By James Matthews
At times, Rose W. displays more characteristics of a Millennial than a Baby Boomer. But studies suggest that Rose’s cannabis consumption is becoming increasingly popular with her generation.
While Rose might not conjure up the image of a typical cannabis consumer, she is part of a growing demographic: seniors who use cannabis.
A Statistics Canada survey from 2019 quantified this growth. The survey found that “cannabis consumption among seniors has been accelerating at a much faster pace than it has among other age groups. For example, in 2012, less than one per cent of seniors (about 40,000) reported using, contrasting sharply with estimates from 2019 indicating that more than 400,000 seniors have used cannabis in the past three months.”
And Rose’s demographic is largely made up of new cannabis users.
That’s where Rose found herself in 2016. Arthritis and nerve pain in her back was greatly impacting her sleep and overall well-being. With support from her son and doctors, Rose started to use CBD ointments to treat her pain. She opted not to dive into THC-based treatments due to a history of dizziness and vertigo.
After years of using CBD, Rose gradually added THC to her pain-fighting repertoire. The highlights for her are THC-infused dark chocolate and CBD gummies.
“I love them,” Rose said. “I’m able to enjoy these during the day while still using my drops at night to help me sleep.”
Rose added that the biggest benefit of her cannabis consumption is that it eases her pain enough to get a good night’s sleep. At times, though, she notes that her body reacts to the THC with dizzy spells.
As more seniors seek to try cannabis for the first time, many of them are seeking advice from their doctors before partaking. The B.C. Care Providers Association devoted a panel discussion in their #CareToChat series on the impact of cannabis legalization.
Ahead of the event, the association published an op/ed piece pointing out that “Cannabis advocates also note that not only is it safe to consume, but that it can treat other age-related conditions like cancer or glaucoma.”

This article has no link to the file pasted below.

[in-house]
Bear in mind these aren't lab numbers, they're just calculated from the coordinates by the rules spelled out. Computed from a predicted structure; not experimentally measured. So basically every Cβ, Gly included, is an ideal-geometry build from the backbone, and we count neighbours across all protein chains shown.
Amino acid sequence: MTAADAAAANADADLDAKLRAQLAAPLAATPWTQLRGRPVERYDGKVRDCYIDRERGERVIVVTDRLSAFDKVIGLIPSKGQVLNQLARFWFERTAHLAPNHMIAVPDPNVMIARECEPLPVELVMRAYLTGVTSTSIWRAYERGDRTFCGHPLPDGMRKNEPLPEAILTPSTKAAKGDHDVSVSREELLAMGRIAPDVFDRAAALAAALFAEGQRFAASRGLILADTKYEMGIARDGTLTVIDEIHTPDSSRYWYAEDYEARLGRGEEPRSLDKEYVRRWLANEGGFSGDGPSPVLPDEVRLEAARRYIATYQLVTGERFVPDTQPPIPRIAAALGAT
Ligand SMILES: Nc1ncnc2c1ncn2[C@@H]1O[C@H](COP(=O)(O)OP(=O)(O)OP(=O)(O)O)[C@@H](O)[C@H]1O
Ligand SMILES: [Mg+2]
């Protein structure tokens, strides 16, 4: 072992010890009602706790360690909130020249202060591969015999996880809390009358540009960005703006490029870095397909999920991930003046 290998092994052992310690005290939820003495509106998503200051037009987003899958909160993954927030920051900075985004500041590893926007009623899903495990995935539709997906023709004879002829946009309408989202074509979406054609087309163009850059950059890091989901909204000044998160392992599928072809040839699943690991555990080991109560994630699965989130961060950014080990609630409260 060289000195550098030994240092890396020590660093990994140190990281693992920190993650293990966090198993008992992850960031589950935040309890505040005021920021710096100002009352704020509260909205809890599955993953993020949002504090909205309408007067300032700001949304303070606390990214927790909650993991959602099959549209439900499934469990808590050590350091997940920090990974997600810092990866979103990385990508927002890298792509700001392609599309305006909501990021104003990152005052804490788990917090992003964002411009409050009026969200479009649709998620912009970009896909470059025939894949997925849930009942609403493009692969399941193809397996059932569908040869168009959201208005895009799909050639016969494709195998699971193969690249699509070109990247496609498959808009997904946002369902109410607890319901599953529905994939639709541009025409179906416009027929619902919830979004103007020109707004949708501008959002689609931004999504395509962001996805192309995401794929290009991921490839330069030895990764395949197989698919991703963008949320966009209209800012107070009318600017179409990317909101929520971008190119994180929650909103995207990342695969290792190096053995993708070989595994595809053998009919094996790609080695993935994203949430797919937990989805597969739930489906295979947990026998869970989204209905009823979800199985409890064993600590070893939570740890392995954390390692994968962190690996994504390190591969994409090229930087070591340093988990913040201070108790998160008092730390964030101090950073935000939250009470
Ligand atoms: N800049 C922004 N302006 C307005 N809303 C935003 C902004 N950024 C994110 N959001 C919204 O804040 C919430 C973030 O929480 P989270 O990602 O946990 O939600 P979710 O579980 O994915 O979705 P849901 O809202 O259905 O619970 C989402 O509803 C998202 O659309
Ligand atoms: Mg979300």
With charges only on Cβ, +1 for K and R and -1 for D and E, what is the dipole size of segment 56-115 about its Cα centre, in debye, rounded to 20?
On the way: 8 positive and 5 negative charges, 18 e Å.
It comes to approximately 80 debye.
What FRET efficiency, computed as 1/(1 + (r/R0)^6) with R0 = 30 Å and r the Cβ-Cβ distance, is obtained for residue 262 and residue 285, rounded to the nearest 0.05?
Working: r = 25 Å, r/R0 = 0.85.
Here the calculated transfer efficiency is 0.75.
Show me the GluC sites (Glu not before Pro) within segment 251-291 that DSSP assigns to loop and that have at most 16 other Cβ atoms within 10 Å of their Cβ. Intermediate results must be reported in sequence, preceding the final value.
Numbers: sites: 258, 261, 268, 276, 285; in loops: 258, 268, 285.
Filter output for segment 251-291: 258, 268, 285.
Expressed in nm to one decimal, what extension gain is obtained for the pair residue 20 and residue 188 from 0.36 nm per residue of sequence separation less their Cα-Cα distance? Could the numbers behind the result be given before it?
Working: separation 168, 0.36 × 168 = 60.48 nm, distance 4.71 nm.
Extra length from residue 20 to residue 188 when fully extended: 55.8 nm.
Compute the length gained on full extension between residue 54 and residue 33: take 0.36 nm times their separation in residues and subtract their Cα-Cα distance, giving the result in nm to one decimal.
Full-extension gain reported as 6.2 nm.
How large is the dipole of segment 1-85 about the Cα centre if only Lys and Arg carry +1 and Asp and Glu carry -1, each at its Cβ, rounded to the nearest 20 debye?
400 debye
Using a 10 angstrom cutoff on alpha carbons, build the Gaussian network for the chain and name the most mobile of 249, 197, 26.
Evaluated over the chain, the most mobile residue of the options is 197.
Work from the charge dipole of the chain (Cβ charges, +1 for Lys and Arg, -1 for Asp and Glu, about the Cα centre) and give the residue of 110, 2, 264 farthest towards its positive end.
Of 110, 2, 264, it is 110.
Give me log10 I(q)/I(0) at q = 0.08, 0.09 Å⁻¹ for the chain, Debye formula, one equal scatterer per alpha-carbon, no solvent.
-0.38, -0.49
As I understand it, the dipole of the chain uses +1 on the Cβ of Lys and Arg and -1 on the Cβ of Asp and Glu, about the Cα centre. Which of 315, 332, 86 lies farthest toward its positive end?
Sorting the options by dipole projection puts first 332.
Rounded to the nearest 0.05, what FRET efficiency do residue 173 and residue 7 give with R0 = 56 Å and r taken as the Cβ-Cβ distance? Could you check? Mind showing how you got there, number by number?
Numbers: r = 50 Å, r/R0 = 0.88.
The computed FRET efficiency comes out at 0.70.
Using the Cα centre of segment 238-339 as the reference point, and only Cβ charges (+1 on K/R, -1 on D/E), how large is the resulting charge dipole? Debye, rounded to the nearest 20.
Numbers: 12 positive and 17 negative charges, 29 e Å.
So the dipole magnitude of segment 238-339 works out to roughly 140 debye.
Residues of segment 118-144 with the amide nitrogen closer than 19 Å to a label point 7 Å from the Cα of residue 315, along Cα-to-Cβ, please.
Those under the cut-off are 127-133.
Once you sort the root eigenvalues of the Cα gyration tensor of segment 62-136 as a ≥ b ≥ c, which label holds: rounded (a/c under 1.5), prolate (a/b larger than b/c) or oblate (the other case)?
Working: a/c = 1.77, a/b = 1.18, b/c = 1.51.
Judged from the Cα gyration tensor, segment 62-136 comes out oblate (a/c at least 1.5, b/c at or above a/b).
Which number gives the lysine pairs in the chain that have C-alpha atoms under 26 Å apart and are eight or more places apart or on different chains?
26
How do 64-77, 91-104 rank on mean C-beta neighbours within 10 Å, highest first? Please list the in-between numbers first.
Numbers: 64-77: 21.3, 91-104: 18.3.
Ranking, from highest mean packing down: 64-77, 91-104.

The #CareToChat discussion provided additional viewpoints to safety concerns. Like most conversations around cannabis, a look at CBD versus THC came to the forefront.
Terry Roycroft, President of the Medicinal Cannabis Resource Centre, said recreational legalization will make more seniors open to using cannabis for medicinal purposes. CBD, a cannabis compound that has no psychoactive effects, offers a way for users to reap the health benefits of cannabis without getting high.
David Greb, Director of Continuing Care at Canopy Growth, cautioned that while cannabis may be a safer alternative to alcohol and drugs like opioids and benzodiazepines, it’s not for everyone. Health status, dosage and administration need to be considered when seniors take cannabis for medical reasons or recreation.
Seniors should also talk to their doctor about how THC or CBD can impact medications they may be taking. Research has shown that people who take blood thinners should avoid consuming THC or CBD, as the compounds can interfere with the metabolism of blood thinners.
After speaking to a medical professional, seniors are encouraged to reach out to family members who already use cannabis to share their knowledge and help them feel more comfortable buying cannabis products.
The most important thing to remember is to start low and slow. Taking too much THC can result in negative experiences that can include paranoia and anxiety, and taking too much CBD can lead to drowsiness and an upset stomach. If someone does take too much, don’t worry — there are no recorded fatalities from overconsumption of cannabis and some tricks like eating citrus fruits can help reduce the effects of cannabis.
It may take some time before every grandmother’s candy dish is filled with CBD gummies instead of Werther’s Originals. But, there are ways in which they can consume safely.